There are four different types of diabetic neuropathy, each having their own distinct symptoms and treatment. Proximal neuropathy symptoms differentiate themselves from the other types in several distinct ways.
First, proximal neuropathy affects the functioning of nerves in the buttocks, thighs, and hips rather than affecting the ends of nerves like the more common type of diabetic peripheral neuropathy.
The symptoms are usually sudden and drastic and seemingly appear overnight. In fact, the sufferer can often remember the exact time or day that the painful symptoms first appeared. It feels like a relentless burning or jabbing in the affected area and usually quickly leads the victim to seek out medical care.
The pain is often so intense that it is difficult to sleep, and narcotics are often required to alleviate the pain. Sometimes a person is unable to walk in sometimes even confined to a wheelchair, and the quality of life is significantly reduced.
Secondly, proximal neuropathy usually affects people in middle age or the elderly, and it is much rarer for it to afflict younger people. This differs from peripheral neuropathy which is known to affect people of all ages, although it is still more common with increasing age.
Also, proximal neuropathy is unique in that the pain normally presents itself in an asymmetrical pattern. In other words, it affects one side of the body and not the other, or at least one side much more than the other. This is in direct contrast with peripheral neuropathy which almost always presents itself symmetrically in either the hands or the feet.
Other symptoms include muscle weakness and muscle atrophy. Sufferers often experience lack of muscle coordination and muscle strength, manifesting itself in an inability to rise from a sitting position or perform other common muscular movements. Weight loss and loss of appetite are also common.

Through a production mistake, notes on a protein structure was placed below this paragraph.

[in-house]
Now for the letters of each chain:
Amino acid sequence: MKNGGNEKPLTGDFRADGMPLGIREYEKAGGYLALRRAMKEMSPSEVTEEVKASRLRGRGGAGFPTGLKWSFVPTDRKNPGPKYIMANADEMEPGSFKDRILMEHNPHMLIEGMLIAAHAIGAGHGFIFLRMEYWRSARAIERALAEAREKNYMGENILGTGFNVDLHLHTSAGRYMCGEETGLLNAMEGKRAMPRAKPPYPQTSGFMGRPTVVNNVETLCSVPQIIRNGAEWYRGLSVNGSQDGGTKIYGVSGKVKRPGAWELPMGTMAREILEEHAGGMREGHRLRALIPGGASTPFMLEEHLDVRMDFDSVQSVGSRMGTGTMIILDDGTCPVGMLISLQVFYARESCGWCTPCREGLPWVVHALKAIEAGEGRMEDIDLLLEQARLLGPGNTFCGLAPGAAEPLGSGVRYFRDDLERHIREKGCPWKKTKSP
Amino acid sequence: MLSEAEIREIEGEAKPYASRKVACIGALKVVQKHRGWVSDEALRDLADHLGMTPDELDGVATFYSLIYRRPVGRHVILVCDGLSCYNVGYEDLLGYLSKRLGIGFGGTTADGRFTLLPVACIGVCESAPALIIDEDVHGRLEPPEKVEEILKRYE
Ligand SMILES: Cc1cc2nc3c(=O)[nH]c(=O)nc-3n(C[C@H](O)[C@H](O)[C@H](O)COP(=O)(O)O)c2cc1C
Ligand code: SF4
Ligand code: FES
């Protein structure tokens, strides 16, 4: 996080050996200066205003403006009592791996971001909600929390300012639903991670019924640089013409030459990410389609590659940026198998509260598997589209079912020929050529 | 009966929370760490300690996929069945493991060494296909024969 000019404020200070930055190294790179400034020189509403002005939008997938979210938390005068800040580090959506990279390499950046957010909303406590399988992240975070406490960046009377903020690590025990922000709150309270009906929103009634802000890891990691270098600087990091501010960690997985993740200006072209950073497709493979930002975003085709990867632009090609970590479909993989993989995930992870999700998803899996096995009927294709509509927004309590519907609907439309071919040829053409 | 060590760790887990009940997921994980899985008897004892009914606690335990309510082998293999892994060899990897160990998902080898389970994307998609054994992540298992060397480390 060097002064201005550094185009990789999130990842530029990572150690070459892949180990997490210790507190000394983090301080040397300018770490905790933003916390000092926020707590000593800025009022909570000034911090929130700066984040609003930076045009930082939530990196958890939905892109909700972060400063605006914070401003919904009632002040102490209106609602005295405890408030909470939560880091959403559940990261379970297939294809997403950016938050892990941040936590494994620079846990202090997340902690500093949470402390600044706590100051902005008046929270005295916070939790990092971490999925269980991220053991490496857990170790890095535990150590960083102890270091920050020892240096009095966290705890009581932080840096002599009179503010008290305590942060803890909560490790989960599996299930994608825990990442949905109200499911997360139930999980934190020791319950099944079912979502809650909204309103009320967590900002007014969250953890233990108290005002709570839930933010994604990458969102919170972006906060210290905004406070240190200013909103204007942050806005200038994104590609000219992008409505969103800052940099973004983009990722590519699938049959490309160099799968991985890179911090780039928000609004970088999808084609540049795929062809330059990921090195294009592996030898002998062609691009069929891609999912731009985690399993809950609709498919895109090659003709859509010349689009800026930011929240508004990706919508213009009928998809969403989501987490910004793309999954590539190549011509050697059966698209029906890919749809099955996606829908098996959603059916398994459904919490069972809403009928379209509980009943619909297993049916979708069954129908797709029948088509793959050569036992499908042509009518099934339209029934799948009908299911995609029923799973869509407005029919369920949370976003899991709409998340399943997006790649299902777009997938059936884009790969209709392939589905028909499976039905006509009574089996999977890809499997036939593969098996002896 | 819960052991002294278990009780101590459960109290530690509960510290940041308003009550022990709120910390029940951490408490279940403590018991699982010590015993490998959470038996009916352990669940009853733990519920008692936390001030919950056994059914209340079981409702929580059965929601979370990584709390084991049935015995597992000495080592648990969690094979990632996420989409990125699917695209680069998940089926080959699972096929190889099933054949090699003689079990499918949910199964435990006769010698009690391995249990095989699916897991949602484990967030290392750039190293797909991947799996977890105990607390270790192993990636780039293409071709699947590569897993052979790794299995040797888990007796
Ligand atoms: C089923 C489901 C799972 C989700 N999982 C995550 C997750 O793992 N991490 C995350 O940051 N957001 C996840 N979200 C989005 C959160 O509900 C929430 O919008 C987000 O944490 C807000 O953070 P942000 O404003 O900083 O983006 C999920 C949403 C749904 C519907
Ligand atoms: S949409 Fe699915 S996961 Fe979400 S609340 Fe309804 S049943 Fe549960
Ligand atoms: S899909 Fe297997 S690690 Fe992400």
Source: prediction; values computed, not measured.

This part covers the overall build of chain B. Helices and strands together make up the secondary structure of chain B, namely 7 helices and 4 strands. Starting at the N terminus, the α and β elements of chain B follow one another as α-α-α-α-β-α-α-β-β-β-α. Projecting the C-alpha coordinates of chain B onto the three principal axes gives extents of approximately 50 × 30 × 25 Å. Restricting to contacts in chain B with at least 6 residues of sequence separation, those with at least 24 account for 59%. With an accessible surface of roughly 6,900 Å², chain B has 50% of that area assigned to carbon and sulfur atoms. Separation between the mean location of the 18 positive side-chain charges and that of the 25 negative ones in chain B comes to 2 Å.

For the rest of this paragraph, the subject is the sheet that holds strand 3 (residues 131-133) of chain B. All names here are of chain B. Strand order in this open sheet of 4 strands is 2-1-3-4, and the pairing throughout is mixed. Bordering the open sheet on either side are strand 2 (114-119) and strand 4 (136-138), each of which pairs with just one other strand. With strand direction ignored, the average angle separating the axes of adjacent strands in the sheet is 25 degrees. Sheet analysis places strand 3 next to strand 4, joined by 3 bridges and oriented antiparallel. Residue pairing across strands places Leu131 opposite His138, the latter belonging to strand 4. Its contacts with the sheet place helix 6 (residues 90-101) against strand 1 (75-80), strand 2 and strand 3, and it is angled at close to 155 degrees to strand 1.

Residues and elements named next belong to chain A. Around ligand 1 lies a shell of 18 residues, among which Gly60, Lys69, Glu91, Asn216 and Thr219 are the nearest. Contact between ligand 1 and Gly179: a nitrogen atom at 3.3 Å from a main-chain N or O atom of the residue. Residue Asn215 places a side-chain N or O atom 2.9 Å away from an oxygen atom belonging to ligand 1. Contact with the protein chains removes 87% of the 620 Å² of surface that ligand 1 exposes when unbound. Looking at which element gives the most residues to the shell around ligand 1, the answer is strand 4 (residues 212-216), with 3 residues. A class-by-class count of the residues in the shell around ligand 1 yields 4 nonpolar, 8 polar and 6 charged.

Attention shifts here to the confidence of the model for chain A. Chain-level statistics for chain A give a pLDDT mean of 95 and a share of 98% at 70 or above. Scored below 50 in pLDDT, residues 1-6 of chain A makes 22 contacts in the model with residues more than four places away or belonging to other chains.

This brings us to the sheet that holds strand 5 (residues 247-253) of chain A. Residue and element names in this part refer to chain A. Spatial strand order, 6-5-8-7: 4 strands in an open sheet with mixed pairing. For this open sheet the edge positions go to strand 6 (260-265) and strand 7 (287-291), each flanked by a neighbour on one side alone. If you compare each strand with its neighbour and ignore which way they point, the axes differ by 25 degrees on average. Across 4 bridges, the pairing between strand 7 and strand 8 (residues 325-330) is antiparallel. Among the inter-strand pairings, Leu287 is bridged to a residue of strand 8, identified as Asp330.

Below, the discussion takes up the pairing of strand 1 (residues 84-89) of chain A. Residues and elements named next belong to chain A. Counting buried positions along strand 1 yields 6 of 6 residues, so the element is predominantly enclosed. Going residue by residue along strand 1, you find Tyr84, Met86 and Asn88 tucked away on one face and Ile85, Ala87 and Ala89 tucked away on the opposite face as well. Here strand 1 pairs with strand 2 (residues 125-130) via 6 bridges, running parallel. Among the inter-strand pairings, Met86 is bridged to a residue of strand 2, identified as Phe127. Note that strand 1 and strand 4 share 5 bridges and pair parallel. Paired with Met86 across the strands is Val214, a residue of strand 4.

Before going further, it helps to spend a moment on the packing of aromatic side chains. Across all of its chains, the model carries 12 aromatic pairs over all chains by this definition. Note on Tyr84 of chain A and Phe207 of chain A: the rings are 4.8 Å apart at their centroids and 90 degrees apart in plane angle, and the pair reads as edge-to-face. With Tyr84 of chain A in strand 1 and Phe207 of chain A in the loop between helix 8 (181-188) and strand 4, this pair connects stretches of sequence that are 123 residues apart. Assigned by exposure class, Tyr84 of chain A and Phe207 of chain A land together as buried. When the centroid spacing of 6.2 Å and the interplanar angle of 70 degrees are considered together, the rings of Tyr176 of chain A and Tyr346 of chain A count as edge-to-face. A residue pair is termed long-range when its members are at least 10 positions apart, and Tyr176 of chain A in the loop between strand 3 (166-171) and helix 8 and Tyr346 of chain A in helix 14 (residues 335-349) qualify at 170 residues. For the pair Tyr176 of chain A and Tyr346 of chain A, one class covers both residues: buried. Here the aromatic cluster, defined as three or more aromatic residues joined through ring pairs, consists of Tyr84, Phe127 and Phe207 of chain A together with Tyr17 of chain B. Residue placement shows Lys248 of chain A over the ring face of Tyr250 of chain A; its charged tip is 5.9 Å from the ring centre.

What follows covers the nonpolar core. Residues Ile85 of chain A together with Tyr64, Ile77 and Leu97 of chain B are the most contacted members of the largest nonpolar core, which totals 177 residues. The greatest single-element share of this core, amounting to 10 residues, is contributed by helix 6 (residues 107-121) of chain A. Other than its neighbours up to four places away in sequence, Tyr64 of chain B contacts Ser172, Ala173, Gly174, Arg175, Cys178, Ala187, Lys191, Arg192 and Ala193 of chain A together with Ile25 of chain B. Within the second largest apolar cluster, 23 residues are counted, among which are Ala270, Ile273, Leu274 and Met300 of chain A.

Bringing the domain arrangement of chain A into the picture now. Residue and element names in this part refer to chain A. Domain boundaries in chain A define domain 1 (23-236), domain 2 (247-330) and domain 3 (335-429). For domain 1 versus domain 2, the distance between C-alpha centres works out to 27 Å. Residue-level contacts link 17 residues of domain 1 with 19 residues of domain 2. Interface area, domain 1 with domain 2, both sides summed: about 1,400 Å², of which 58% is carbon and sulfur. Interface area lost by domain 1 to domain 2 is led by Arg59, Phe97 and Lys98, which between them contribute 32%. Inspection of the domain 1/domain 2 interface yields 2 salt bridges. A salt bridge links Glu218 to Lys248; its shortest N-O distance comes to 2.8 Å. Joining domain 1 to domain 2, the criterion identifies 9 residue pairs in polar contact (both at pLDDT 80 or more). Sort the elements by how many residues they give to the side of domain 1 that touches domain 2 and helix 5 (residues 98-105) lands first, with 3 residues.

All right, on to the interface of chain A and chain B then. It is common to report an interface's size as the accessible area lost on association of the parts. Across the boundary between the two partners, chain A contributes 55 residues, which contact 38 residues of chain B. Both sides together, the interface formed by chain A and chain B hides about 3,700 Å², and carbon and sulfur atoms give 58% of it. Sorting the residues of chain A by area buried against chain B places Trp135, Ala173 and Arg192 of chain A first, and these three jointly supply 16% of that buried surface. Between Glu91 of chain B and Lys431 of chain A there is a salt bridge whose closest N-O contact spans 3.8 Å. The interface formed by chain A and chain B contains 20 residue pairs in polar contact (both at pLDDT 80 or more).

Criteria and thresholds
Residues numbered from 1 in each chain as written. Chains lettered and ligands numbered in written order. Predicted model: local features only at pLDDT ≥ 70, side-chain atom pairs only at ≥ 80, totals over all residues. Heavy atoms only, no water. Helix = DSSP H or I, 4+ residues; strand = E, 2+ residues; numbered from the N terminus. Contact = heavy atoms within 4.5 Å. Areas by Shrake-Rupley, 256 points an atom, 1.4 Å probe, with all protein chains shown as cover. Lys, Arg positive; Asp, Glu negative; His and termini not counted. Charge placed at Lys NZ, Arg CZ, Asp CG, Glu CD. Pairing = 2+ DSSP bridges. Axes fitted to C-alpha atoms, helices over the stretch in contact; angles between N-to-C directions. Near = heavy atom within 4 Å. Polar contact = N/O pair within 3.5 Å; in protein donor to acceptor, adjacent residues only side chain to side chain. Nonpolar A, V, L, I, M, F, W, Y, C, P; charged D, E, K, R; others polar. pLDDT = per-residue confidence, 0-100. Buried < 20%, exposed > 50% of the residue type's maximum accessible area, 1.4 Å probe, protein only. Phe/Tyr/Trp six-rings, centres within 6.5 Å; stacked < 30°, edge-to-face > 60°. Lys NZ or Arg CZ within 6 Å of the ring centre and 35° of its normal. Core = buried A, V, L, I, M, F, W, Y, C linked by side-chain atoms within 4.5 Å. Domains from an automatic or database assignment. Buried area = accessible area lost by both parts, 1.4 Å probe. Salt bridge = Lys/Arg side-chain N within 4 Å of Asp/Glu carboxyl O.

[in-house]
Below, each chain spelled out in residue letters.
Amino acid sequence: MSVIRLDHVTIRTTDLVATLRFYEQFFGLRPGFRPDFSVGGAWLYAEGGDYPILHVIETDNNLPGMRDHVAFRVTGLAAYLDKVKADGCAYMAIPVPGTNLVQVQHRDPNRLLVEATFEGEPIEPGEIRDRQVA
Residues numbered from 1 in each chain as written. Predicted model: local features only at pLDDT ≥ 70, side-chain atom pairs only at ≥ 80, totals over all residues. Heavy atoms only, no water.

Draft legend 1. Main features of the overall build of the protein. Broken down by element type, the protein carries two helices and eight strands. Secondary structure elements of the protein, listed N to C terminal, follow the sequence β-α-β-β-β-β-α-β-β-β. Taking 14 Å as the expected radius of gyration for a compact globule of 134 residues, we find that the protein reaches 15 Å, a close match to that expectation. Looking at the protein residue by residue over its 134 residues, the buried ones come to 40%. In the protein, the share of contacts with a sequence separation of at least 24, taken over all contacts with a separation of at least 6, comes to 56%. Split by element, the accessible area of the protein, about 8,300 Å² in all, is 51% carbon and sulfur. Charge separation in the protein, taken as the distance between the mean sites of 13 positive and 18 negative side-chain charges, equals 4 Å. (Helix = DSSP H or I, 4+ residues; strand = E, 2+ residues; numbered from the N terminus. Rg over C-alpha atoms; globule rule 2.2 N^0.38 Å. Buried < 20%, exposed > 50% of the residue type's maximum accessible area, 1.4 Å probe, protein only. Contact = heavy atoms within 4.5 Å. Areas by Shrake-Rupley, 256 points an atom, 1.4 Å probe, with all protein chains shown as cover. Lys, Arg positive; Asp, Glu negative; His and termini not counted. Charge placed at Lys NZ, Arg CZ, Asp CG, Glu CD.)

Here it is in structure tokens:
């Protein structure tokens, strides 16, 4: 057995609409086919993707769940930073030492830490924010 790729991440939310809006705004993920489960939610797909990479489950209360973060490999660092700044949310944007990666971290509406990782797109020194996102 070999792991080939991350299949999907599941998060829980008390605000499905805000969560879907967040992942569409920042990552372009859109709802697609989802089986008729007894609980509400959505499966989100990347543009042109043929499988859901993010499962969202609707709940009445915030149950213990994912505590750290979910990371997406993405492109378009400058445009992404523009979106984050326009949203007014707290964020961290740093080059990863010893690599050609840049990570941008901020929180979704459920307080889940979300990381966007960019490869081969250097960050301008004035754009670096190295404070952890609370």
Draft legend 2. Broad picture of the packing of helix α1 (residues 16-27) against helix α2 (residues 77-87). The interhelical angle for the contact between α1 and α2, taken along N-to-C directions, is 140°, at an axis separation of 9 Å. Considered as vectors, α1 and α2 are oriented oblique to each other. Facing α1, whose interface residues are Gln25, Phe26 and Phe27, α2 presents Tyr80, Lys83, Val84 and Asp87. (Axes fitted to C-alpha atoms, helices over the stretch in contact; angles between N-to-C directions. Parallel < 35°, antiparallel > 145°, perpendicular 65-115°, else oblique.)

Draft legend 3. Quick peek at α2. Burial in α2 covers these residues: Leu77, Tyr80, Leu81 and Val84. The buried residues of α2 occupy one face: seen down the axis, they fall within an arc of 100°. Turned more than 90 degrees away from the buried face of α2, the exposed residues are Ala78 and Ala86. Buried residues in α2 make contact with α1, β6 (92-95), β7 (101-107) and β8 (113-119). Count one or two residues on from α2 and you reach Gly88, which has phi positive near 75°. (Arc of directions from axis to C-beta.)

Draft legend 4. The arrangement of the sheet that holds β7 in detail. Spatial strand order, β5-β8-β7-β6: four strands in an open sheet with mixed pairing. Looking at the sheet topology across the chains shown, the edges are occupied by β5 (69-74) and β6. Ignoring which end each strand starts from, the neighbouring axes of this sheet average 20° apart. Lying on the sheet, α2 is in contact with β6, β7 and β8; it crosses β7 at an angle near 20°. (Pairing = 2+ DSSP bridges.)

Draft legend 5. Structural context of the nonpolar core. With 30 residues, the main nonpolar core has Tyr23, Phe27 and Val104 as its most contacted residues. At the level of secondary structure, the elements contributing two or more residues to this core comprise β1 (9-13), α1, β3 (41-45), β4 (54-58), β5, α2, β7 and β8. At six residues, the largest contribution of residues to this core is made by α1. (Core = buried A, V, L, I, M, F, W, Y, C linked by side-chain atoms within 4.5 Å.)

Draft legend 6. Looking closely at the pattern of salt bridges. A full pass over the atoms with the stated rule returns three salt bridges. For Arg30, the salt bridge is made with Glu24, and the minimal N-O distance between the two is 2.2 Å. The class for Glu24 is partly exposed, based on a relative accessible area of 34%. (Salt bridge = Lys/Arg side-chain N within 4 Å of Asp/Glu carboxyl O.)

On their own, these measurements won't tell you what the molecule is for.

The onset of pain is instant and very intense, however, usually peaks after a few weeks to three months, with three months being in the farthest range. Thankfully, during this time the symptoms usually peak and then slowly dissipate.
Diabetic neuropathy is most common among those with diabetes mellitus, or type II diabetes. Proximal neuropathy is quite rare in comparison to peripheral neuropathy as it affects less than one in 100 people with diabetes.
Scientists are unsure of exactly how uncontrolled blood glucose levels affect functioning of the nerves, but they are certain that there is a connection between the two. Proximal diabetic neuropathy is usually reversible after the initial few weeks or months of intense pain.
The best treatment for the disease is tight control blood glucose levels through proper eating habits and nutrition, and medication if necessary, and good physical fitness. Antidepressant and pain medication are common prescriptions for the symptoms of proximal diabetic neuropathy.
Treatment sometimes includes physical therapy which is helpful for reclaiming muscle strength and flexibility. Acupuncture is also sometimes but at this time is still considered an alternative therapy.
The length of time for full recovery varies depending on the type and extent of the nerve damage, and whether or not the patient is able to successfully control his diabetes.